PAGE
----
At block 312, the electronic control unit 108 determines whether the speed is above a maximum speed value of the speed range. For example, the data analyzer 206 monitors the speed of the vehicle 102 and determines whether the speed of the vehicle 102 is above the maximum speed of the speed range at any point while downhill snub braking mode is activated. When the speed is above the maximum speed value of the speed range, control proceeds to program 400 shown in connection with FIG. 4A. If the speed of the vehicle does not exceed the maximum speed value of the speed range, control proceeds to block 314.

At block 314, the electronic control unit 108 determines whether the speed is within a first threshold speed value of the maximum value of the speed range. For example, the data analyzer 206 determines a threshold speed within the speed range for which a snub braking event is to be initiated (e.g., discussed further in connection with FIG. 4A). The data analyzer 206 further determines whether the speed of the vehicle 102 is between the first threshold value and the maximum speed of the speed range. When the data analyzer 206 determines that the speed is within the first threshold and the maximum speed, control of the program 300 proceeds to the program 400 shown in connection with FIG. 4A. On the other hand, if the speed is determined to be below the first threshold, control proceeds to block 316.

At block 316, the electronic control unit 108 determines whether the speed of the vehicle 102 is between the minimum speed of the speed range and the first threshold value. For example, the data analyzer 206 determines when the speed is below the first threshold but above the minimum speed of the speed range (e.g., within the speed range but below the speed at which a snub braking event is to be initiated). When the data analyzer 206 determines that the speed is between the minimum speed and the first threshold value, control proceeds to example program 412 shown in connection with FIG. 4B. However, if the speed is determined to be below the minimum speed of the speed range (e.g., the speed does not fit within one of the categories described in blocks 312-316), control proceeds to block 318. In some alternative examples, deadbands (e.g., a speed and/or speed range for which the electronic control unit 108 takes no action) exist for predetermined speeds and/or speed ranges between the minimum speed and the first threshold value. In some such examples, the electronic control unit 108 does not proceed to example program 412 or block 318, but returns to block 310 to monitor the speed of the vehicle 102 when vehicle speed is within a deadband.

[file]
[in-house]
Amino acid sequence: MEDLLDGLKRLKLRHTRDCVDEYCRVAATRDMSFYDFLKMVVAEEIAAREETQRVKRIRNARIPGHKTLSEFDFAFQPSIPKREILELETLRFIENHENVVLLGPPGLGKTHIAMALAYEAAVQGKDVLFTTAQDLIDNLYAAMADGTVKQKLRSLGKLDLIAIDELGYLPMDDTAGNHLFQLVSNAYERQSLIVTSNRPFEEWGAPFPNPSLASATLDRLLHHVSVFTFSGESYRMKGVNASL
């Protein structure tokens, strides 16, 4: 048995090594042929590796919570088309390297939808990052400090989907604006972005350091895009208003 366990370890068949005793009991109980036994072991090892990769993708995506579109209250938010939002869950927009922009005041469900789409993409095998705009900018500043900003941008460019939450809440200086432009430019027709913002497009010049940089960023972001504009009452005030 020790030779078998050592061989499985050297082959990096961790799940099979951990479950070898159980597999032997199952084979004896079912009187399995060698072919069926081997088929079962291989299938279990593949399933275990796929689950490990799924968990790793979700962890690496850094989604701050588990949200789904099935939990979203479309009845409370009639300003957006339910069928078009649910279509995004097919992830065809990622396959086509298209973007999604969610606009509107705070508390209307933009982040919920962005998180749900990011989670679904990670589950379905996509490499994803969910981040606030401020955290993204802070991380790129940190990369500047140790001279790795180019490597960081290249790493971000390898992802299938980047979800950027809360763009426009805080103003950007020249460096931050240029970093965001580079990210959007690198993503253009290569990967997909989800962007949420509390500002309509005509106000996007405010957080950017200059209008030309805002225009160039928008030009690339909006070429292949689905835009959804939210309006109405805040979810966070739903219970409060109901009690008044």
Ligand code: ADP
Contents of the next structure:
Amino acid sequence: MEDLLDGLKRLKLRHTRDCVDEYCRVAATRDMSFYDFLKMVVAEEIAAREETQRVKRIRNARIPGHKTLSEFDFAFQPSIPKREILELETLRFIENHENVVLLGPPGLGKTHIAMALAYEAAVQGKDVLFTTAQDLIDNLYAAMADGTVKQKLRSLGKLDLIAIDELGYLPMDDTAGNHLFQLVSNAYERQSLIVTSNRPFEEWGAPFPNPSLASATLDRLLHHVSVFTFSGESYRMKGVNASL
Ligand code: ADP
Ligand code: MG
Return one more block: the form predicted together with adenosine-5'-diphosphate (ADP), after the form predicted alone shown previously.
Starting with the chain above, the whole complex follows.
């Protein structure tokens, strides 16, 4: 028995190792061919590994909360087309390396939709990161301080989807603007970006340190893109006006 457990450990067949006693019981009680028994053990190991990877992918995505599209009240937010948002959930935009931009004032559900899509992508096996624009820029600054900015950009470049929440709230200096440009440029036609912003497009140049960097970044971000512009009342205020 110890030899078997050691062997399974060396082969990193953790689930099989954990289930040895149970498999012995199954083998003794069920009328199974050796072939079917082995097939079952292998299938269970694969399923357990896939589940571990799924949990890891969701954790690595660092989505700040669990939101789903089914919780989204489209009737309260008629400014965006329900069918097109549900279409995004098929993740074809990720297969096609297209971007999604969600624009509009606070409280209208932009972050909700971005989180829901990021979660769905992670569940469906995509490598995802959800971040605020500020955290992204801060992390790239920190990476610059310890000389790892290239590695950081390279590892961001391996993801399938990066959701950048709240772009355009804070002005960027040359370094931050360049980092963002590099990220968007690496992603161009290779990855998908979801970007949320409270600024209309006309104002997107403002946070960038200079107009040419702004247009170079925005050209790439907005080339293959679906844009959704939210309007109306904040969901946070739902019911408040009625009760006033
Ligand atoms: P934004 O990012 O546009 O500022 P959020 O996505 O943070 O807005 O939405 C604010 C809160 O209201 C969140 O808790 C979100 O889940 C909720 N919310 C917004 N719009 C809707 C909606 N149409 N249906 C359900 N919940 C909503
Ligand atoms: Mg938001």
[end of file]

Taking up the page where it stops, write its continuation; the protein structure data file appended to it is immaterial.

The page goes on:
At block 318, the electronic control unit 108 increases the speed of the vehicle 102 until the speed reaches the minimum speed of the speed range. For example, when the data analyzer 206 determines that the speed of the vehicle 102 is below the minimum speed of the speed range, the data analyzer 206 instructs the speed adjustor 208 to accelerate the vehicle 102 (e.g., using the throttle) until the speed reaches the minimum speed of the speed range. Thus, when the speed of the vehicle 102 is below the speed range set by the target speed determiner 204, the electronic cruise controller 110 operates as a standard cruise control. In some alternative examples, the electronic control unit 108 determines that the speed of the vehicle 102 should not increase based on input from another system of the vehicle 102 (e.g., a GPS). For example, when the GPS determines that the vehicle 102 is approaching a large downhill, the electronic control unit 108 does not accelerate up a minor grade (e.g., the speed of the vehicle 102 can decrease below the minimum speed of the speed range).

At block 320, the electronic control unit 108 determines whether the vehicle 102 is still driving on the grade 106. For example, the grade analyzer 212 determines when the grade 106 is no longer present and/or no longer substantial (e.g., not steep). In some examples, the grade analyzer 212 supplies continuous grade information to the data analyzer 206. In such examples, the data analyzer 206 determines when the vehicle 102 no longer needs downhill snub braking mode activated based on the grade information. When vehicle is determined to still be driving on the grade 106, control returns to block 310 where the speed of the vehicle 102 is monitored. If, on the other hand, the vehicle 102 is no longer driving on the grade 106, control 300 proceeds to block 322.